ES: That’s right. One of the reasons I like the World Socialist Web Site is that it probes into the root causes of political events and provides an historical perspective. There are all sorts of niche identity issues—feminism, gay pride and other things, which are valid things to discuss—but we have to address the larger questions. We have to understand the social dynamics that create these conditions and that is not being done.
RP: What was your response to the election of Barack Obama in 2008?
ES: I was never taken in by Obama. He tried to fly a symbol of hope and it seemed to take a long time before people realised he was just another puppet or as some would say “a house Negro.” The African American community is becoming disillusioned with his presidency and slowly but surely becoming aware of his deeply conservative nature.
What is happening in Ferguson now is that many of the younger generation are dissatisfied with the so-called present leadership. They want to make their voices heard because they feel that they’re being executed by the police. It doesn’t take 17 shots to kill one person who is unarmed. These killings are being sanctioned by the state. Ask yourself, when was the last time a police officer was prosecuted for one of these shootings? And people like Al Sharpton, Jesse Jackson are brought in to close things down.
RP: What advice would you offer young photographers today?
ES: I used to evaluate master photography students’ portfolios but insisted that they not only listen to what I had to say, but give me feedback. I wanted a genuine exchange of ideas.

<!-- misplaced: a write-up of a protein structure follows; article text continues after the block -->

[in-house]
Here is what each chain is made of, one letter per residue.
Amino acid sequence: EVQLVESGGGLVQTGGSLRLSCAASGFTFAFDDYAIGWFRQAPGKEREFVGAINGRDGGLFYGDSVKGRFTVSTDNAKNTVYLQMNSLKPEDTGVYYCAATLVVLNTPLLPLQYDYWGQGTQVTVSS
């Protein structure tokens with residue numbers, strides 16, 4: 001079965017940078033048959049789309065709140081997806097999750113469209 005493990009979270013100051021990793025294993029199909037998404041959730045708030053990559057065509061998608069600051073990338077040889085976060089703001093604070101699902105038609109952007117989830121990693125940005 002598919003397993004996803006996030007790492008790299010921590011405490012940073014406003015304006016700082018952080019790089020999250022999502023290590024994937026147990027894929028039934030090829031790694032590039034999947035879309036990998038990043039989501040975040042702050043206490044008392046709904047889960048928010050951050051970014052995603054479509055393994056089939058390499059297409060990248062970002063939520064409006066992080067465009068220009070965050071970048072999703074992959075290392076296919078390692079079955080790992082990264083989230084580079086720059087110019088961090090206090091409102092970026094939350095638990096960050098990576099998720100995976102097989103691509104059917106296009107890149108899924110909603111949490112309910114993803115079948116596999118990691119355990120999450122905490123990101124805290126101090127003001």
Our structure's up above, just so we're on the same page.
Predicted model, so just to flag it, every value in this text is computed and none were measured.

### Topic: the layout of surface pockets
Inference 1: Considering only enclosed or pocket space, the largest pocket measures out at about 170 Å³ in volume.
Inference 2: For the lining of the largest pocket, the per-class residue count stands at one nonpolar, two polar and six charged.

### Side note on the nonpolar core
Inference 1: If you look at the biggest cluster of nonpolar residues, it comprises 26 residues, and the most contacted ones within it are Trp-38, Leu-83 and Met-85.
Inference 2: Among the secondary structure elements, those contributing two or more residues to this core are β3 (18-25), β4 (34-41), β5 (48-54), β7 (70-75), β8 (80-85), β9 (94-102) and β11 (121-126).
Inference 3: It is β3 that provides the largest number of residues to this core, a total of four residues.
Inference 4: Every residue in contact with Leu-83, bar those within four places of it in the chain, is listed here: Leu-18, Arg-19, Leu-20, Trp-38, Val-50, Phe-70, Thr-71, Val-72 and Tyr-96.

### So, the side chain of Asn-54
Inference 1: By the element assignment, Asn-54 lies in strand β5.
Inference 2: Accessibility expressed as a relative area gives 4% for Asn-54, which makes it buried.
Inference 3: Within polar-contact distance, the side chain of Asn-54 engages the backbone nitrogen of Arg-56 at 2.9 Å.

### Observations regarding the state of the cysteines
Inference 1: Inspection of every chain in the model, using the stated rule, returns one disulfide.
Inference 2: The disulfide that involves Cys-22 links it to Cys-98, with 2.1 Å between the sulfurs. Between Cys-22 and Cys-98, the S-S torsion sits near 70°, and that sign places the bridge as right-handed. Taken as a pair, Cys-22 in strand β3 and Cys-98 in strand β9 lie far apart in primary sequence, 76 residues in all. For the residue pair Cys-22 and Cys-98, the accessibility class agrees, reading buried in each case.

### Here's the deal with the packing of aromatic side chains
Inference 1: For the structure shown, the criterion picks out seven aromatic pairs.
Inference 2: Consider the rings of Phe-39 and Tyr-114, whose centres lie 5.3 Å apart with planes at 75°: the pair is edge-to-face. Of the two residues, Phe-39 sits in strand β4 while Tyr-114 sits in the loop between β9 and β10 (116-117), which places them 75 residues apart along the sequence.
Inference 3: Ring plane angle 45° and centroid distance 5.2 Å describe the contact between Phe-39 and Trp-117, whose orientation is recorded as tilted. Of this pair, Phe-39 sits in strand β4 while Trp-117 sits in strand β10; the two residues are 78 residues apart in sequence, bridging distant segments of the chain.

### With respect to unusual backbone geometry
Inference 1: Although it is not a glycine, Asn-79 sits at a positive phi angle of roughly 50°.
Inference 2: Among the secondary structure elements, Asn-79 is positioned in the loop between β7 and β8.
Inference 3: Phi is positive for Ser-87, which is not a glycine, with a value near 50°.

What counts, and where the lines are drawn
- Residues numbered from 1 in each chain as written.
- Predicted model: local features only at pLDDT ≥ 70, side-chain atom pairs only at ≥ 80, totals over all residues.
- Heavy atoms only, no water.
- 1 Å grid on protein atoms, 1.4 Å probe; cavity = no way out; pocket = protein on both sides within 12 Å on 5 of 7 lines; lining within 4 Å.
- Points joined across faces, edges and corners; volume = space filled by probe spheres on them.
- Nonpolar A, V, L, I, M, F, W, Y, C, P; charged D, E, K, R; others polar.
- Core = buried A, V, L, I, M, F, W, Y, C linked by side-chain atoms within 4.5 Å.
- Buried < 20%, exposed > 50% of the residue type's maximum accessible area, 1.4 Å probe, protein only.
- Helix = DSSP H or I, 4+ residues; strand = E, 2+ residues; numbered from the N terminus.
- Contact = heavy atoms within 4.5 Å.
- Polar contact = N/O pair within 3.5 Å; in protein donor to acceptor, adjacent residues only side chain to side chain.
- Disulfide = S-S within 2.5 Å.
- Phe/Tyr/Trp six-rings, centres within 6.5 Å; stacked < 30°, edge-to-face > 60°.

My primary advice is that you must be honestly engaged and there must be a sort of spiritual connection. That’s why I’m very dissatisfied with much of the work that dominates today. Too much of it is self-centred—staring at navels.
We are confronting a catastrophe and yet too many artists are just not rising to the occasion. The majority are not seriously attempting to understand what is going on around them. The attitude seems to be, “Do whatever you have to do for your five or fifteen minutes of fame.”
Artists must allow their work to honestly reflect the human condition—for better or worse. Don’t be afraid to criticise or ask questions and always discuss what direction you think we should be moving as human beings. We have to compare what we are doing today with what preceded us.
There’s a lot of wisdom in the ancient artefacts of art. The primitive artists didn’t work in a vacuum. It was an expression of their condition and about being challenged by the unknown, by famine, by pestilence, by death. It’s all about context.